I was talking to a friend who has a son around the same age as mine. “I love when N wakes up from a nap,” she began. “I’ll usually hear him talking or singing right after he wakes up, so that when I walk in I’ll find him sitting up and smiling at me.” Smiling?!
Here’s what can happen at our house: We’ll hear our toddler either start whimpering or flat-out screaming at the top of his lungs when he wakes up. We rush in with his milk in hand, and that will placate him for maaaaybe the thirty seconds it takes him to down the whole thing. He’ll either demand more, or proceed to crying right away and complain. Sometimes he’ll say he wants to go back to sleep but protests when we make arrangements for him to do so.
The funny thing is that he doesn’t wake up cranky in the mornings; he actually wakes up like my friend’s son; talking, singing and yes, smiling. Apparently grouchiness is reserved for mid-day. I don’t blame him—I tend to feel out of sorts when I wake up from a nap and can imagine that he feels the same. Either way, my husband and I have gotten better with helping our little guy wake up happier—and less cranky—after his naps:
- Have milk and snacks ready. Okay, so this didn’t exactly solve the problem by itself because clearly he can still wake up cranky even when handed a cup of milk, but I imagine he may be even more cantankerous if we were to withhold his beloved drink.
- Don’t change his room too much. I remember we would walk in to his bedroom and one right after another brighten up the room for wake-up time: pull the curtains back, turn off his fan and start playing with him. It’s easy to do this; after all, we’ve been sitting out in the living room wide awake in bright sunlight, talking and completely coherent. Napping kids, not so much. They need more time to transition to awake time. Now, we’ll turn off his fan and pull the curtains back just a tad—and that’s it.
- Along the same lines, keep conversation to a minimum. Not only would we abruptly pull the curtains back, we would start talking to him right away, animatedly and everything. Again, with a bit of empathy, we could see that he clearly wasn’t ready to jump in on conversation, answer questions or even hear our voices just yet.
- Give him time to wake up. Another mistake we did was rushing to our toddler the minute we heard even the slightest rustle or whimper from his room. I found that when we gave him a few minutes or even seconds to compose himself and realize that he’s awake, he’s in a much better mood when we walk in. Of course if he wakes up hysterical as if he were frightened from a dream then we rush in, but for softer sounds, we give him a few moments to wake up.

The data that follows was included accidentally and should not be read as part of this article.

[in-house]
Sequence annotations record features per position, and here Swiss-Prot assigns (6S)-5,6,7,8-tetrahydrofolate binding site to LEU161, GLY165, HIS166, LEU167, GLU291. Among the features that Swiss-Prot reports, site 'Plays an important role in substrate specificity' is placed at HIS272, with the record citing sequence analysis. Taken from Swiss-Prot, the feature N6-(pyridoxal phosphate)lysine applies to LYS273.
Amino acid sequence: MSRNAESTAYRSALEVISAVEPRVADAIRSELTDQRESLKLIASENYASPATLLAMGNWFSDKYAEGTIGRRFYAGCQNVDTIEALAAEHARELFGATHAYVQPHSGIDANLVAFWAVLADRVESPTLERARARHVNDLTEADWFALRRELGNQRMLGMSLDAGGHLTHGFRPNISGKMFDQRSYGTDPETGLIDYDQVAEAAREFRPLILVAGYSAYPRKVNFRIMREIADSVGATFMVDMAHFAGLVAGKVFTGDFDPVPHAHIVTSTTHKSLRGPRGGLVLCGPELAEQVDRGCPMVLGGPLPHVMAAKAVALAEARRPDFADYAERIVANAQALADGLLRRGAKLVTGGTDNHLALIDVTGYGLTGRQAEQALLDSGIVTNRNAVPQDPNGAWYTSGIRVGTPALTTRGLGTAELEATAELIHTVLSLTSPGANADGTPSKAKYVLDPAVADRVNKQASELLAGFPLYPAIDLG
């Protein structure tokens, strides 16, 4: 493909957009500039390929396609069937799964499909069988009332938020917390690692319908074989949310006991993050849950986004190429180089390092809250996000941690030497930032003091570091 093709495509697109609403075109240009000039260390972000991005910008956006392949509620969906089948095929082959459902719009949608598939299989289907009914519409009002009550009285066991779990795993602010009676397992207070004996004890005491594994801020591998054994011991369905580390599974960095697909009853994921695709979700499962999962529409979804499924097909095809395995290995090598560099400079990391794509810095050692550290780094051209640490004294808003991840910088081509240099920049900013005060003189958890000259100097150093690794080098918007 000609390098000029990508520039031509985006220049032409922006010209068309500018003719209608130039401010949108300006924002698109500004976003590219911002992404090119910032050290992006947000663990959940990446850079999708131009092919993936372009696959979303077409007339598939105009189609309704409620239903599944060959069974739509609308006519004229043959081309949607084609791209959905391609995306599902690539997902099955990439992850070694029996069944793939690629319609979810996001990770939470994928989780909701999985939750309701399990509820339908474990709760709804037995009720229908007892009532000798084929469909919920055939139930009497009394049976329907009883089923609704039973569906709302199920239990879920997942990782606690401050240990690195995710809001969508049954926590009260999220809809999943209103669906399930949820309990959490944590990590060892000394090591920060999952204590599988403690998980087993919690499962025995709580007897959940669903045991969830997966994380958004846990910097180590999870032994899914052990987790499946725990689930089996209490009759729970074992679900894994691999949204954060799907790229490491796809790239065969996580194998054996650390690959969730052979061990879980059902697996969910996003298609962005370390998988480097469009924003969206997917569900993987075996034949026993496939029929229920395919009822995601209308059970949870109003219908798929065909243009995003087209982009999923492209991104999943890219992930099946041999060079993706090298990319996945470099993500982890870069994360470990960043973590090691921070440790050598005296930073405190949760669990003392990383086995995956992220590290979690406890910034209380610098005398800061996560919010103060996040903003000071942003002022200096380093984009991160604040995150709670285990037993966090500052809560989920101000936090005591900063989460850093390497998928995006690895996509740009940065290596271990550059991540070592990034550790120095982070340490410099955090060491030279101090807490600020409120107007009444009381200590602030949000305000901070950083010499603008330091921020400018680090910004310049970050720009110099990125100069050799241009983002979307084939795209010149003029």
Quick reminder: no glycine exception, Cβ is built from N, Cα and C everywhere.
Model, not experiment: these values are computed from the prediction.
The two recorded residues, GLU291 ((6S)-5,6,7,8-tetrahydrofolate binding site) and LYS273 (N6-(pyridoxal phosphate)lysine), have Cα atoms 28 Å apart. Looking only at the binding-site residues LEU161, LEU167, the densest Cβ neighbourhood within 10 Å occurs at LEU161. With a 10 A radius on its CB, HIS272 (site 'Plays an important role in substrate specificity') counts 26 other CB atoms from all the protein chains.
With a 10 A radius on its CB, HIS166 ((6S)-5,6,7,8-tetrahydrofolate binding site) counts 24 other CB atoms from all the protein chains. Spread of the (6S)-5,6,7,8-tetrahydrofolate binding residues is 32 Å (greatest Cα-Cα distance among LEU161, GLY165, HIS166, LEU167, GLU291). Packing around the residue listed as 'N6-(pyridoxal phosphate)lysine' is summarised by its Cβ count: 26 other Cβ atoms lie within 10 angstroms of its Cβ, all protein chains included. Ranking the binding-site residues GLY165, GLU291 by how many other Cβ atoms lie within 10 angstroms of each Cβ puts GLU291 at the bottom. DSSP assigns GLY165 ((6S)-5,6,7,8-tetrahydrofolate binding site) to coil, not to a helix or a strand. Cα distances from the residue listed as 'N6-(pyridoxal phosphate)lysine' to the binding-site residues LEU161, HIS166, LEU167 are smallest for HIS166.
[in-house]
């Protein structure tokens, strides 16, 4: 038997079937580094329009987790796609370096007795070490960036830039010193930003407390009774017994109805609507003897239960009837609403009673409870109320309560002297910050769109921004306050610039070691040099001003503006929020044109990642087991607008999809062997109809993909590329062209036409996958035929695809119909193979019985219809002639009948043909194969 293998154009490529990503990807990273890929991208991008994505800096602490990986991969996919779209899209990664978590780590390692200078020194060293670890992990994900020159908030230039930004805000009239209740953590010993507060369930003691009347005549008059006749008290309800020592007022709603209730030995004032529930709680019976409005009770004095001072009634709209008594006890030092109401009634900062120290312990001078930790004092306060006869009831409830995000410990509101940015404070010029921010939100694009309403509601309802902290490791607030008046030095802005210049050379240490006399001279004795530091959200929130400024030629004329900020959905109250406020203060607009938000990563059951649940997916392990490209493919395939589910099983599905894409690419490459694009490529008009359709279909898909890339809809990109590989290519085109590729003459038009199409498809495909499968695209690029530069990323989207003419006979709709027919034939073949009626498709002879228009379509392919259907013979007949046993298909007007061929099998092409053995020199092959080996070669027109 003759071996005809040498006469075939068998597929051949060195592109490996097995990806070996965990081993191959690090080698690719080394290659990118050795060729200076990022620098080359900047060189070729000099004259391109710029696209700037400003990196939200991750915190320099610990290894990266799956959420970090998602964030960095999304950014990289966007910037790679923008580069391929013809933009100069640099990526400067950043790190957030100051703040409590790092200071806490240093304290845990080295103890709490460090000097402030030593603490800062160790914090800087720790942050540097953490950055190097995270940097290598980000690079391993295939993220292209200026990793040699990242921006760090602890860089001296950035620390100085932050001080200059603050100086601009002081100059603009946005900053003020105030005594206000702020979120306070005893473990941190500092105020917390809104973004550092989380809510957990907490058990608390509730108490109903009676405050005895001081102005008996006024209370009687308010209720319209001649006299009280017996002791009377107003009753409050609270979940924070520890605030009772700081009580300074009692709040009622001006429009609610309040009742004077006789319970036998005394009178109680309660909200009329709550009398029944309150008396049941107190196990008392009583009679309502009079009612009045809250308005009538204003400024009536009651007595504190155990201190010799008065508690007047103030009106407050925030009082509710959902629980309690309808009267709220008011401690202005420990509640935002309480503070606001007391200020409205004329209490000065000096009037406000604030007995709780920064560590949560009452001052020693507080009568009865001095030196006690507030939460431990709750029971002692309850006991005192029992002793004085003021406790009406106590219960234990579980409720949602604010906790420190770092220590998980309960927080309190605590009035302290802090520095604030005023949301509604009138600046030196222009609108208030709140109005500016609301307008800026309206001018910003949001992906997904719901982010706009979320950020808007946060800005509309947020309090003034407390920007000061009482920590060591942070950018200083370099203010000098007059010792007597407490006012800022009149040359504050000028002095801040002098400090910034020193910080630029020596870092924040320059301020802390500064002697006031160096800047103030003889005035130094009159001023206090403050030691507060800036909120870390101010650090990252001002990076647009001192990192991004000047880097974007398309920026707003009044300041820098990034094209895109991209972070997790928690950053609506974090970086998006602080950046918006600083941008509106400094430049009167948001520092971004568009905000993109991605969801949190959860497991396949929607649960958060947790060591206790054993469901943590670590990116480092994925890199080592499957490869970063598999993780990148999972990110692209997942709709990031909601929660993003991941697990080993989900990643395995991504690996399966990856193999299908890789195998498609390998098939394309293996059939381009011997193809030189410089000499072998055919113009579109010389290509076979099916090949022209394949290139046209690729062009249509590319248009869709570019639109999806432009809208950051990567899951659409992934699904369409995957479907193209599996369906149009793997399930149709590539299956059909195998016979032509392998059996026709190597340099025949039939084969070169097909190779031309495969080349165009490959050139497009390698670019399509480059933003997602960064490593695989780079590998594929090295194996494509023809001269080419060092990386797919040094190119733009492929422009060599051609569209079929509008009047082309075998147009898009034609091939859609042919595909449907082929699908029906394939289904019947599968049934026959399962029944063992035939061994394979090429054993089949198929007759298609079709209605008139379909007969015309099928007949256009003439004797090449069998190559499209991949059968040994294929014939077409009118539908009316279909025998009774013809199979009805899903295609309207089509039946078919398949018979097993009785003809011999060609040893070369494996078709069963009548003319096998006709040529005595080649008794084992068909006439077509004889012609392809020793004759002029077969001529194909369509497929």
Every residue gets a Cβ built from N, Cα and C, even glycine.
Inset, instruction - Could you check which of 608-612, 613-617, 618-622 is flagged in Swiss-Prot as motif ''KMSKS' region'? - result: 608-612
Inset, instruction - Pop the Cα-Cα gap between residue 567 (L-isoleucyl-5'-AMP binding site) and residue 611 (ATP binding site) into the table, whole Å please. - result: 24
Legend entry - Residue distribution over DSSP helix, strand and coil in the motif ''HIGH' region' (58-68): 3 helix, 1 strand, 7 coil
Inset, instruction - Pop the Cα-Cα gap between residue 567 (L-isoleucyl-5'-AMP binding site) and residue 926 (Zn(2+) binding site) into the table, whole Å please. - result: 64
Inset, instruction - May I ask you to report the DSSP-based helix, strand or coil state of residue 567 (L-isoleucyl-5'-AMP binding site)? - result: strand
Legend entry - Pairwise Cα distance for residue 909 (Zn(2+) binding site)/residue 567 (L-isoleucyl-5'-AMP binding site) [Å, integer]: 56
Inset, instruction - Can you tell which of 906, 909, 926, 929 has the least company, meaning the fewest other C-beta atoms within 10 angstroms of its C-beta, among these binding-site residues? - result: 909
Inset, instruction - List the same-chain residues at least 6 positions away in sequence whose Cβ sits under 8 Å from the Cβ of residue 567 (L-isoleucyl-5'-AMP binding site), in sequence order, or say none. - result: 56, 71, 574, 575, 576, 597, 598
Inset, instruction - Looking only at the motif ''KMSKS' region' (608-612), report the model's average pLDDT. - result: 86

- Offer a comfort item. Our little guy sleeps with his lovey, but we make sure to find him in his bed in case he’s not holding on to him. We’ve also given him a favorite toy or book that he can play with or read on his bed.
- Soothe. When all else fails, just be there for your little one. Assuming she’s not pushing you away or making unrealistic demands (a potential tantrum trigger), sometimes all she needs is a good rub on her back or to sit on your lap.
- Expect the inevitable. If your child was grouchy before the nap, he’s likely to be grouchy after. Since my toddler isn’t exactly thrilled at having to stop his midday activities to go to sleep (he’s probably thinking, “Nap? Booooring!”), he tends to fuss and cry before a nap. When this happens, almost always does he wake up just as cranky, if not more. I’ve learned to accept this fact because I know he’ll get over it eventually, and the rest his nap offered is usually much needed.
- Realize that this happens to the best of us. Like I mentioned, I’m not exactly chipper the minute I wake up from a nap. Since naps tend to be short, we don’t get the full deep sleep cycle that night time affords. When you’re ready to lose your cool, try to put yourself in his shoes and understand that it’s perfectly normal to wake up cranky sometimes.
As with anything with kids, nothing is ever guaranteed. Just today, we spent 45 minutes consoling a cranky toddler after a long nap. It was just one of those days. But with a bit of comfort, more subdued transition and a ton of empathy, we can help our babies and toddlers wakes up happier and less cranky after a nap—and keep ourselves a bit more sane.
How do you handle your kids when they’re cranky after a nap?
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